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The first thing that came to mind with 419,093 participants is what other studies can Stanford and Apple carry out with that huge patient base. Is the data limited to AFib collection only or was there a sufficient data line for each patient/event that the data can be looked for other conditions.
The other issue is can the data base be cleaned up (for privacy issues) and provided to other health/research organizations in the US and other countries with reputable researchers. Or, just as important, with major government health organizations.
One last thought - why other studies can be developed by Apple and Stanford (or other medical centers) for different cardiac studies, for other medical conditions, like PulseOx or Blood Glucose.
This project might be best when it is used to generate data you can take to your Doctor, or a trained Sleep Doctor. Restless Sleep Syndrome (RLS) will be one area that Apple's program captures for medical reviews. Untreated Sleep Apnea is another issue that is going to impact the data, probably in a big way. I can easily see Apple running trials in multiple sleep centers to generate comparative data that can be used in FDA reviews. In that case Sleep Apnea and RLS will be the two areas impacting the most.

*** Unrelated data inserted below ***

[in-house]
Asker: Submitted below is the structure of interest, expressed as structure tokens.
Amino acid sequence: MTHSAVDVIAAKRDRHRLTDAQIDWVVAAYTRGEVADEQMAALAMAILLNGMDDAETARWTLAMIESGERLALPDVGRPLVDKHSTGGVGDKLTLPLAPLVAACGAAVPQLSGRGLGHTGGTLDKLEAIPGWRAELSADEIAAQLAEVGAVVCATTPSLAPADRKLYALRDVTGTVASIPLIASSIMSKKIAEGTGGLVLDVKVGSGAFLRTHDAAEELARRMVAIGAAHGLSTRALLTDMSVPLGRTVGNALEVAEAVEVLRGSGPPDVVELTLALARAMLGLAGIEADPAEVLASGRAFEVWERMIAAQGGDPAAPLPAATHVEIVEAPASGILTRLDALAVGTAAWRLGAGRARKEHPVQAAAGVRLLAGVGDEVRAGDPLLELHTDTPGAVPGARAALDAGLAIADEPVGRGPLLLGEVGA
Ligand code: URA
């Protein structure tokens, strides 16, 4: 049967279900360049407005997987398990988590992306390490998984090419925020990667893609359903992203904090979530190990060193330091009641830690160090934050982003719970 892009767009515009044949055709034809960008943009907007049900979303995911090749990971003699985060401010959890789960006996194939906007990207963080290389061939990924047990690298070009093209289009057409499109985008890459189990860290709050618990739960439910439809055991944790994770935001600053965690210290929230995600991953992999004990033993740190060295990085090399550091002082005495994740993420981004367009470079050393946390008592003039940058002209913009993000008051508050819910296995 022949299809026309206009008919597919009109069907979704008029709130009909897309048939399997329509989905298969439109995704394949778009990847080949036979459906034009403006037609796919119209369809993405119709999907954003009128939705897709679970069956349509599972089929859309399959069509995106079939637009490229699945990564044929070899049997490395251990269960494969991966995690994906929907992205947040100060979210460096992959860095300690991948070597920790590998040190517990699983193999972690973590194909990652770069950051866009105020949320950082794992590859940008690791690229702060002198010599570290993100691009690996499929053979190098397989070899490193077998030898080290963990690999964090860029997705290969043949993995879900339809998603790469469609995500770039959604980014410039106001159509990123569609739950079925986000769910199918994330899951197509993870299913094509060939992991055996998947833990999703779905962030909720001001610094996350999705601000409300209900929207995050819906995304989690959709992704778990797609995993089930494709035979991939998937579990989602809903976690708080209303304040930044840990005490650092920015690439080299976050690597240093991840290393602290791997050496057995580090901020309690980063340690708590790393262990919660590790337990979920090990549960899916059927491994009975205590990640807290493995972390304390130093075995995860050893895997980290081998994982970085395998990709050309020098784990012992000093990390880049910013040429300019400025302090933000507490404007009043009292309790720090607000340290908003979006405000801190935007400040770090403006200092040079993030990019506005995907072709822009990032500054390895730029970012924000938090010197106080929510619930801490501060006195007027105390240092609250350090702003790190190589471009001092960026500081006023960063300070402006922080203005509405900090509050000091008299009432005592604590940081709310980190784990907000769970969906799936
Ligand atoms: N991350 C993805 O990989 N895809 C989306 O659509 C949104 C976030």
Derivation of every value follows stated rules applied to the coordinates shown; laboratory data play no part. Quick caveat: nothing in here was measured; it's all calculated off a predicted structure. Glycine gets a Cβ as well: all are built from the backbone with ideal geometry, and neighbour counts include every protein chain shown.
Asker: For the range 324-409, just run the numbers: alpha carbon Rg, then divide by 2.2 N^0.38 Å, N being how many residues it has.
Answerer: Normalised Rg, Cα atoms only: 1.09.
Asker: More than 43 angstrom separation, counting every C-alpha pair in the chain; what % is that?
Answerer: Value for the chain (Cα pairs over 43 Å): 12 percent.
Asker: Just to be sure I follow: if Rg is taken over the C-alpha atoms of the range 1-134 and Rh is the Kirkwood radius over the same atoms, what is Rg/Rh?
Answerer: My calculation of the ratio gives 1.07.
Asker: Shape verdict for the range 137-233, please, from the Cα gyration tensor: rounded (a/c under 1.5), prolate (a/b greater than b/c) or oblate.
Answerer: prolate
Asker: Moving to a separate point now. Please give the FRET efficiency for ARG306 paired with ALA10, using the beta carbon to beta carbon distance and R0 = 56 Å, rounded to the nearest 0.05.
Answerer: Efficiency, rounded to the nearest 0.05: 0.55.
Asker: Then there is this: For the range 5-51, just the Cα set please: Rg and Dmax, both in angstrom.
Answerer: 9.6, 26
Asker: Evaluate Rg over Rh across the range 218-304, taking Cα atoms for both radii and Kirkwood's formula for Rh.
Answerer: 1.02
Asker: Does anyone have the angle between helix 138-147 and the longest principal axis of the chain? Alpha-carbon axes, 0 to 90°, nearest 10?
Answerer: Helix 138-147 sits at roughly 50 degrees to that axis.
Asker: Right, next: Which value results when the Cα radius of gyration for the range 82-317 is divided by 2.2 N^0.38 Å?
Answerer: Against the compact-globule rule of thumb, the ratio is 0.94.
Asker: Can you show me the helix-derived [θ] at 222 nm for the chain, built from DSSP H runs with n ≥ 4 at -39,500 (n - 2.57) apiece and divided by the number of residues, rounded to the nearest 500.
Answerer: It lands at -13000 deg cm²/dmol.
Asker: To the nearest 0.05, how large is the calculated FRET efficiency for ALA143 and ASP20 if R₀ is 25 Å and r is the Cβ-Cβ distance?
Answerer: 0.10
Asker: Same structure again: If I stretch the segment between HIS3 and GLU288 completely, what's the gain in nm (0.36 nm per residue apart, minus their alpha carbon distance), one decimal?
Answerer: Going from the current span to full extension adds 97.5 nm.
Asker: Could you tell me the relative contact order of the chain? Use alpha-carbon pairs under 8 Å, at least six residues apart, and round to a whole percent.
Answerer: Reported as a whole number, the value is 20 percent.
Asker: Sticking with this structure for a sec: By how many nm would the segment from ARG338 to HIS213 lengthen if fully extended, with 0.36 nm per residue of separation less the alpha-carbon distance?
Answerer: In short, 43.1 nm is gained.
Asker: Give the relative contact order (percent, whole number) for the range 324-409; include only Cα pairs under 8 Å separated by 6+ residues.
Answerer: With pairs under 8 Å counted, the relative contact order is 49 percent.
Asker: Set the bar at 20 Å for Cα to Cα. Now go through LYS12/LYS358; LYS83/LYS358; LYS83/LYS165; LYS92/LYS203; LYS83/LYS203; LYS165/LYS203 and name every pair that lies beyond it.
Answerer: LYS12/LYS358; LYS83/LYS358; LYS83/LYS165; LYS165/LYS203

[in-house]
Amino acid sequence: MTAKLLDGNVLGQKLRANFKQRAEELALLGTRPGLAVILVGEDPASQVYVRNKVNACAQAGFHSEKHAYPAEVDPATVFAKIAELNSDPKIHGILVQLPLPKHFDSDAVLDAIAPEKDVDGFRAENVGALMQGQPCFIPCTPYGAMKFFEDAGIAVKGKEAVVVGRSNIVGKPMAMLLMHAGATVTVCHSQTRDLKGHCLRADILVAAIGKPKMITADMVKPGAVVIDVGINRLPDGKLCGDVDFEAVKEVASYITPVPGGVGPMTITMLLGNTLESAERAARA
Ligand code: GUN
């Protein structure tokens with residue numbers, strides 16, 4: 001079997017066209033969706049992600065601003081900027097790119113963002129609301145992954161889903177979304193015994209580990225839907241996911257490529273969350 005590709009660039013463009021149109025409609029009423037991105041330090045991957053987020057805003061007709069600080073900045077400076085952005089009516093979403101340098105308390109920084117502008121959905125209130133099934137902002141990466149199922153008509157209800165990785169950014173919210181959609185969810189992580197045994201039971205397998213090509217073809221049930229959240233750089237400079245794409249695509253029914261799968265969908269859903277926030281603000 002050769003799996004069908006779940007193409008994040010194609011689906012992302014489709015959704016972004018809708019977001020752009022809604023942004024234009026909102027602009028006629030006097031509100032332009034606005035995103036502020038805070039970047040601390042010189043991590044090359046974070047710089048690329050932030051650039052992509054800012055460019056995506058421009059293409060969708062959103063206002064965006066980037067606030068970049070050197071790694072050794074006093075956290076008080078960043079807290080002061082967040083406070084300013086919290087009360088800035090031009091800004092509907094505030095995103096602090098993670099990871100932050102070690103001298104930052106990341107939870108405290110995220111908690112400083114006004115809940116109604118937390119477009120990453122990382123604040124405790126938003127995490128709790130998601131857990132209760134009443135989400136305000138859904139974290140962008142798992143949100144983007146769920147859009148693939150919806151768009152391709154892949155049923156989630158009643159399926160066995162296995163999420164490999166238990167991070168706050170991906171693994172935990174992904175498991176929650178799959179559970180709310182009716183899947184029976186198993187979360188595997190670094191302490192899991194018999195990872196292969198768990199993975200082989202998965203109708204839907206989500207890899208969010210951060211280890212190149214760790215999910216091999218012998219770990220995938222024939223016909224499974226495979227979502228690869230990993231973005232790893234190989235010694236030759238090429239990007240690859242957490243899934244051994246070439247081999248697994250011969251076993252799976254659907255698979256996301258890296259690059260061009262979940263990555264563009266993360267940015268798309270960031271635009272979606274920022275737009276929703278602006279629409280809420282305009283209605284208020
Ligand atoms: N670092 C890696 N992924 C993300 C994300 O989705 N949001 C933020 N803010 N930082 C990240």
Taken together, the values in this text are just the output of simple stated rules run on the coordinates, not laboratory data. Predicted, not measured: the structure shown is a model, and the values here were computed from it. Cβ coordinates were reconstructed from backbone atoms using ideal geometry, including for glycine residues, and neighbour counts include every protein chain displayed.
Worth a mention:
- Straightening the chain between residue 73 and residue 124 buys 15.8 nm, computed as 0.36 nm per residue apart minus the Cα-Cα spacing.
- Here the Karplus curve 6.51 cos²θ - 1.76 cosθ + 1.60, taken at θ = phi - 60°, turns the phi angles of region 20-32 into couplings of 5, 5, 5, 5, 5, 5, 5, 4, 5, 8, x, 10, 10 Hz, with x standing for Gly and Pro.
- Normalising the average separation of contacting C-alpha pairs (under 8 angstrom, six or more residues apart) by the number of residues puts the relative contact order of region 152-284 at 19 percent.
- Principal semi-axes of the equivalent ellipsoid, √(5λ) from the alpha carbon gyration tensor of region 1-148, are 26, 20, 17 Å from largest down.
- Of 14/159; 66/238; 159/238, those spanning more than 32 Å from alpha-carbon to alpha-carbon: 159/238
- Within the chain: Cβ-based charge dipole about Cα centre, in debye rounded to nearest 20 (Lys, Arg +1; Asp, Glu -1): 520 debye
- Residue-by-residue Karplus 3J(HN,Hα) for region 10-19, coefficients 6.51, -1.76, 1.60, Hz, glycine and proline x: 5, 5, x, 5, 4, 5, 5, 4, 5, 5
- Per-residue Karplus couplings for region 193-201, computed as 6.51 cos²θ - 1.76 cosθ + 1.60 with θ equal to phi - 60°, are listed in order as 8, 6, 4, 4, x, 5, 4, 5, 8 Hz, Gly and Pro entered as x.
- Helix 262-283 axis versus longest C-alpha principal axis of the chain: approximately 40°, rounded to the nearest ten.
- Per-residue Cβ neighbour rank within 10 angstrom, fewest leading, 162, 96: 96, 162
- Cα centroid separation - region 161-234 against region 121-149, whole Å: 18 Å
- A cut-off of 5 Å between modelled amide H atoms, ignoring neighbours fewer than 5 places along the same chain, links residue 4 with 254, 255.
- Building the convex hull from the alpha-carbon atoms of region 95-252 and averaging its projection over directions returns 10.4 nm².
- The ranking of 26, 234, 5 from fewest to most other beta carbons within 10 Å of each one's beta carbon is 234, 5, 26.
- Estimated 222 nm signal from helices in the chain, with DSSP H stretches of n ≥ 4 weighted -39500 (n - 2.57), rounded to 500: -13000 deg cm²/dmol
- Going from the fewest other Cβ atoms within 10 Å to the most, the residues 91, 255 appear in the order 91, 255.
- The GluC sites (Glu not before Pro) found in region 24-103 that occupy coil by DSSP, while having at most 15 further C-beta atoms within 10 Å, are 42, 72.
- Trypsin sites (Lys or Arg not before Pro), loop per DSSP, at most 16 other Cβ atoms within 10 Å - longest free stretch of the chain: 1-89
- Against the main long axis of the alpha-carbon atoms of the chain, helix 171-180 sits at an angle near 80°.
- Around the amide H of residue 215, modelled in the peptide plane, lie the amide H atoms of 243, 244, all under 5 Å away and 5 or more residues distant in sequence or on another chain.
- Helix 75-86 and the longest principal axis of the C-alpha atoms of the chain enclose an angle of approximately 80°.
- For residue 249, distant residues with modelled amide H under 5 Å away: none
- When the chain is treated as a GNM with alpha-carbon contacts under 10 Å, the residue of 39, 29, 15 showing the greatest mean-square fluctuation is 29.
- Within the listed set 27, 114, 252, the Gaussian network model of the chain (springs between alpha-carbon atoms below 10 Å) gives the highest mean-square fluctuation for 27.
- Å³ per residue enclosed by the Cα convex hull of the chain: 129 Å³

This can be a. important feature for Vets of all ages. I'm from the Vietnam era, but there are older Vets than me. For some from WW II and Korea the system would support the older Vets, or their family/care giver.
Since the VA is one of the longest running computer based health records system it may end up having some very large health records, That might need to be looked at when looking at, say, the flu in 1952.
Several needs I see would be the ability to reorder Rx's (just like you do on your computer) and use of Finger Print or Face ID to log in. Same with Secure Messaging ,in the VA System.
I believe that the VA Health System is looking at updating their health systems. If so I would hope that Apple can help influence them in various areas.
I think that Apple is moving some R&D funds to areas, like health care, instead of a specific product. Results from this R&D can be spread over multiple products. If you look at, say, health care, it's also reasonable for Apple to work with various companies on specific task. PulseOx is a good example. Normally it is a clip on the end of your finger, using both the top and bottom of the finger which makes it a challenge for moving it to a watch. One company (HoMedics) makes a meter that only uses one side of the finger, making it a good potential for the AppleWatch. Apple can use R&D funding for licensing and inclusion in future watches, or simply buy the company. Either way delivers important data to users in an important field. Taking that approach Apple would be spending some R&D funds to incorporate an existing product into their own products. That speeds up getting feature to consumers/patients, especially when government approval is required.
gregg thurman said:sycamoregrad said:Plus, the original iPhone wasn’t “shipped to customers” on launch day. You could only buy it, in person, at an Apple Store or AT&T. It wasn’t like today where you can preorder to receive it on launch day.